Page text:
4400 W NATIONAL AVENUE | Property Record | Wisconsin Historical Society

Property Record

4400 W NATIONAL AVENUE

Architecture and History Inventory
4400 W NATIONAL AVENUE | Property Record | Wisconsin Historical Society
NAMES
Historic Name:HARNISCHFEGER CORPORATION
Other Name:P&H MINING EQUIPMENT
Contributing:
Reference Number:221964
PROPERTY LOCATION
Location (Address):4400 W NATIONAL AVENUE
County:Milwaukee
City:Milwaukee
Township/Village:
Unincorporated Community:
Town:
Range:
Direction:
Section:
Quarter Section:
Quarter/Quarter Section:
PROPERTY FEATURES
Year Built:1905
Additions:
Survey Date:2012
Historic Use:industrial building
Architectural Style:Neoclassical
Structural System:
Wall Material:Brick
Architect:
Other Buildings On Site:
Demolished?:No
Demolished Date:
DESIGNATIONS
NOTES
Additional Information:Henry Harnischfeger and Alonzo Pawling founded the Pawling & Harnischfeger Machine and Pattern Shop in 1884. In its early days, P&H built carving machines, brick-making machines and a special device called the poppet valve governor, designed for use on slide valve steam engines by Bruno Nordberg (who later founded the Nordberg Manufacturing Company). Another future industrial giant, the E.P. Allis Company – later Allis-Chalmers – asked Pawling and Harnischfeger to building the first electric traveling crane in 1887. The result was so successful that P&H became permanently associated with the crane industry. In 1903, the company established itself at the subject location with its plant designed for the manufacture of electric traveling cranes and other heavy machinery. In 1911, ill-health forced Pawling to dissolve the partnership and the name of the firm was changed to Harnischfeger Corporation, although the P&H trademark was retained. In 1915, P&H built a mechanized trencher using conveyor buckets and boom & wheel type excavators soon followed. Harnischfeger’s product line ultimately developed to include three categories: construction equipment, mining & electrical equipment, and material handling equipment and systems.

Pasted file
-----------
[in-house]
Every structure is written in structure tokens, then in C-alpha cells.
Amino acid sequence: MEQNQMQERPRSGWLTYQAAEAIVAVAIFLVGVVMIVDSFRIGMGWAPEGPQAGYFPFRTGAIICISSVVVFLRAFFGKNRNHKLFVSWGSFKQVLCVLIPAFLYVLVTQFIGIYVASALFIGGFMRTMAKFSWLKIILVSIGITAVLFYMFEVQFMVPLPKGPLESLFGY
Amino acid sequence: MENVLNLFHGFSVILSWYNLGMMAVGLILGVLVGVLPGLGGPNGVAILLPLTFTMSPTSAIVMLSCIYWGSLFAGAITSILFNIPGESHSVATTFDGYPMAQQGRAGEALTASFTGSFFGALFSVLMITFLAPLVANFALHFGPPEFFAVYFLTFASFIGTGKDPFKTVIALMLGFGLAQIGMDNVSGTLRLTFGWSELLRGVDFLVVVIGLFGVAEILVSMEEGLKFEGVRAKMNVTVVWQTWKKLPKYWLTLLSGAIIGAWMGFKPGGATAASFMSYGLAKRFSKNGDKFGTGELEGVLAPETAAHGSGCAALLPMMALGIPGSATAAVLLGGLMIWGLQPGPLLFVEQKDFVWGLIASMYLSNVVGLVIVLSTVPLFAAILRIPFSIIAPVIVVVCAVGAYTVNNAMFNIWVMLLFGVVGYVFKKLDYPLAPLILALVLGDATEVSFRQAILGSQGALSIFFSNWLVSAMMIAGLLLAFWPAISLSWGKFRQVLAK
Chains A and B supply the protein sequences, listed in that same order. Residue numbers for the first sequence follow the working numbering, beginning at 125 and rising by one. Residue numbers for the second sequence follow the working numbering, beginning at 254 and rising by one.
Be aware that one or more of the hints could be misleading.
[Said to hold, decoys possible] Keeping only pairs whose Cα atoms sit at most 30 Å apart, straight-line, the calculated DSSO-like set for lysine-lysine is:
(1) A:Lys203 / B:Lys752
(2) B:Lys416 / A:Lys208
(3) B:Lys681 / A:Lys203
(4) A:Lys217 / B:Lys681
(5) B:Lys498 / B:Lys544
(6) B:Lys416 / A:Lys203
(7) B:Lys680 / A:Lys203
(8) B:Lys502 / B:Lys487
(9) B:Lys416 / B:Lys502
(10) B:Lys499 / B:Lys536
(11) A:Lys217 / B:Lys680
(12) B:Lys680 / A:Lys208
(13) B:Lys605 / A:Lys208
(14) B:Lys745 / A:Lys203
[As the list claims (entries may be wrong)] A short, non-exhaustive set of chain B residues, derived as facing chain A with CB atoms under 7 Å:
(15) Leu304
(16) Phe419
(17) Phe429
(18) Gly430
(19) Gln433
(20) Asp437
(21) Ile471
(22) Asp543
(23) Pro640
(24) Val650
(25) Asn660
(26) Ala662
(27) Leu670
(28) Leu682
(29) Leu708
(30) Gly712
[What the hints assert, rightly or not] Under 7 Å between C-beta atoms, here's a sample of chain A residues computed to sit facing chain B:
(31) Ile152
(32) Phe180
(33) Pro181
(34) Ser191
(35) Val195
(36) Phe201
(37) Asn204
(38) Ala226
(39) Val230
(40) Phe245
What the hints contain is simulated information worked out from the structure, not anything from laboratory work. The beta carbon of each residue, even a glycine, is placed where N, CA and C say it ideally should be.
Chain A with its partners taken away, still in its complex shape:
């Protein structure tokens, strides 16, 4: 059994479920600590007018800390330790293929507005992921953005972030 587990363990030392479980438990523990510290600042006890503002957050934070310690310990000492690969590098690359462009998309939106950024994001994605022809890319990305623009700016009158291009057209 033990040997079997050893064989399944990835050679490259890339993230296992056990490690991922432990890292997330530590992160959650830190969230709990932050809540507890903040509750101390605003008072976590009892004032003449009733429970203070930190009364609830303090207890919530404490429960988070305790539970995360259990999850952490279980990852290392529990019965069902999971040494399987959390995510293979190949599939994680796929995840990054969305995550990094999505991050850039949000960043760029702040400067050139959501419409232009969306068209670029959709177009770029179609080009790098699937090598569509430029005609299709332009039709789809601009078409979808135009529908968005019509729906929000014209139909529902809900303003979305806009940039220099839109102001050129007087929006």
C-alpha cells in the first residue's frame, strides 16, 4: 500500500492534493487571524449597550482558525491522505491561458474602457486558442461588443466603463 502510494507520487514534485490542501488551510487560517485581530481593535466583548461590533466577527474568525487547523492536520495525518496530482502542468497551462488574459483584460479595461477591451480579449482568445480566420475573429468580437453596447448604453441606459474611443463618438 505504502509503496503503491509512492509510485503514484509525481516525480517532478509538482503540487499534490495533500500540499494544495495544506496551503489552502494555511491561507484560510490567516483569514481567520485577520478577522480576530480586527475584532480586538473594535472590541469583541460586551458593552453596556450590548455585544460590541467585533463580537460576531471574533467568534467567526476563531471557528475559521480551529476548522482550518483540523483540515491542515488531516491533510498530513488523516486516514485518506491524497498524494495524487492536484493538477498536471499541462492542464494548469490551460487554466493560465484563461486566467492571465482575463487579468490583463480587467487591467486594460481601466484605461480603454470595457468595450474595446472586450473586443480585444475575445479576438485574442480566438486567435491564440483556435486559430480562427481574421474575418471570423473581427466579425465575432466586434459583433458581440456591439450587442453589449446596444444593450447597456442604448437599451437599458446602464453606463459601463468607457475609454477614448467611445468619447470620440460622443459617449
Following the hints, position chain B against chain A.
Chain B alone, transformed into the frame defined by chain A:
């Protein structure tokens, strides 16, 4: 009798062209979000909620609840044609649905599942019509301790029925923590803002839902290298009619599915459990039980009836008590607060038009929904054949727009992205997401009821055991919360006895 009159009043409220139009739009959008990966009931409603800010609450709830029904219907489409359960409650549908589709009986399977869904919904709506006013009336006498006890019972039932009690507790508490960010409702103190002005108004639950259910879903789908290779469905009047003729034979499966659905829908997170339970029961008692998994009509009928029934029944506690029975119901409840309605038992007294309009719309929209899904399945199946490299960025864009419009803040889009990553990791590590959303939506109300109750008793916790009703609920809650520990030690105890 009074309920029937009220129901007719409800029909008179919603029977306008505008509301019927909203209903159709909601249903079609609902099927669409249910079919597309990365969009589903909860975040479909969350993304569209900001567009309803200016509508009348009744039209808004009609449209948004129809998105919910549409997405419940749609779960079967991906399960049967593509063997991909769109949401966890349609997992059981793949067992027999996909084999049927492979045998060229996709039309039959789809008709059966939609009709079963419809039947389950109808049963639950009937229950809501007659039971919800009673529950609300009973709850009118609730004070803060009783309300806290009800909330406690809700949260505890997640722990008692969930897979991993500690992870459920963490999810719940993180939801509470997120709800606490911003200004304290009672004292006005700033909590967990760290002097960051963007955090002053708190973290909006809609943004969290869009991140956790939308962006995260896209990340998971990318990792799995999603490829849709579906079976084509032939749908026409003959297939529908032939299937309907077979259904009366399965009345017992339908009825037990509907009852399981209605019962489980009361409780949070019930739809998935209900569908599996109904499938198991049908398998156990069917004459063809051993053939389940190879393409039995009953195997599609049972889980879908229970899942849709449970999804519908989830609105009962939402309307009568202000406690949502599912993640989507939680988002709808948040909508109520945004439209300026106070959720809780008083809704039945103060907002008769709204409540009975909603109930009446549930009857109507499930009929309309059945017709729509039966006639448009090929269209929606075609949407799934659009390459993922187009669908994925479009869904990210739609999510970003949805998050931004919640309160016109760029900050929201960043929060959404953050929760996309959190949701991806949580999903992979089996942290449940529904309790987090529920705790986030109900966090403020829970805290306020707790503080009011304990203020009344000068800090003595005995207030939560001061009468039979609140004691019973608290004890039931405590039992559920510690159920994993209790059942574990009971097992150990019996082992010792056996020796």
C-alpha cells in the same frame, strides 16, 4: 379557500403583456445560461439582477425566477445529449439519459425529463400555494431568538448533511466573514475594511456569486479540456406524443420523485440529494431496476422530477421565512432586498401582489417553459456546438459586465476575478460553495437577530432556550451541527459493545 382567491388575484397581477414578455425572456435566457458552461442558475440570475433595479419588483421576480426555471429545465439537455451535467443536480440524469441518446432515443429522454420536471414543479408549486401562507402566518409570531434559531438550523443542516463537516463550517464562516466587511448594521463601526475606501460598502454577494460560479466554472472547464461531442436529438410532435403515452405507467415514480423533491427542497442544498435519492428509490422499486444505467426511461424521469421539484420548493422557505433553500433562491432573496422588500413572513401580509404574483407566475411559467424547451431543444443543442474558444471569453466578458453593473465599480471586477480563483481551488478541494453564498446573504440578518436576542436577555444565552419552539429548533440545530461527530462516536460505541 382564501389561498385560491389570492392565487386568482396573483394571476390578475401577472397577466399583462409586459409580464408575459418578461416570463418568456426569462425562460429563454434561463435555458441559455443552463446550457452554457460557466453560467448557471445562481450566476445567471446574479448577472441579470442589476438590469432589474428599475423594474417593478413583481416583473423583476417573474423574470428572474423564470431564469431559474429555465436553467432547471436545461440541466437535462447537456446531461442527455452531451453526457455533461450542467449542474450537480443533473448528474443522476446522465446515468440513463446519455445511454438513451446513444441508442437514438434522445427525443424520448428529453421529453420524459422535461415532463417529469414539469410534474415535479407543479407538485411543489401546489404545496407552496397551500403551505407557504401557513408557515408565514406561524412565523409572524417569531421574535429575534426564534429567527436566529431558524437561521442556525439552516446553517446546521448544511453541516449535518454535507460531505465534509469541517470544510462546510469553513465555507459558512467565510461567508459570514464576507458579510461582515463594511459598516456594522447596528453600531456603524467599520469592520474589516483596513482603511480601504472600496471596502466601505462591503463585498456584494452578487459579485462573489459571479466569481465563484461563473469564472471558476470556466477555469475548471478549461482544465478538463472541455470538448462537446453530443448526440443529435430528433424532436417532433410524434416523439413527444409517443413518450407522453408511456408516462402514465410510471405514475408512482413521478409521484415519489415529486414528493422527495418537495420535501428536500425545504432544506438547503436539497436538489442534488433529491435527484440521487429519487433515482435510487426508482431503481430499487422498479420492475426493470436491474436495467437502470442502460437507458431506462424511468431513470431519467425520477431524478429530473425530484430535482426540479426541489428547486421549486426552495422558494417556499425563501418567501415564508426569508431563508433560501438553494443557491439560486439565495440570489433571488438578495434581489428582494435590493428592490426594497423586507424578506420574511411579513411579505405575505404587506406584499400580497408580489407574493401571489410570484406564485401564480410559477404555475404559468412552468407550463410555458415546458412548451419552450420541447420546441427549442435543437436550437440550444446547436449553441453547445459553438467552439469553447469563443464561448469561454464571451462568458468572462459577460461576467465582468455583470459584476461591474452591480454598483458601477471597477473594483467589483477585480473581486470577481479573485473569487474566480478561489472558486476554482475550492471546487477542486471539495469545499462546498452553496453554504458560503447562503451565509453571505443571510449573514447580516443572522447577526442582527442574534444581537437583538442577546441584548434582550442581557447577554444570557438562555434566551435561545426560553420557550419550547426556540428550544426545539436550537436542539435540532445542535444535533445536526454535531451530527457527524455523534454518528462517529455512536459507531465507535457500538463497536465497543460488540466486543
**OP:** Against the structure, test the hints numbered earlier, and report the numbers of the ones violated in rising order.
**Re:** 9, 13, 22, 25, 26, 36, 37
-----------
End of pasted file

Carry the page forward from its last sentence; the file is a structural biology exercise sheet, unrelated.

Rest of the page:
Bibliographic References:Harry H. Anderson and Frederick I. Olson, Milwaukee: At the Gathering of the Waters (1981), page 193
RECORD LOCATION
Wisconsin Architecture and History Inventory, State Historic Preservation Office, Wisconsin Historical Society, Madison, Wisconsin

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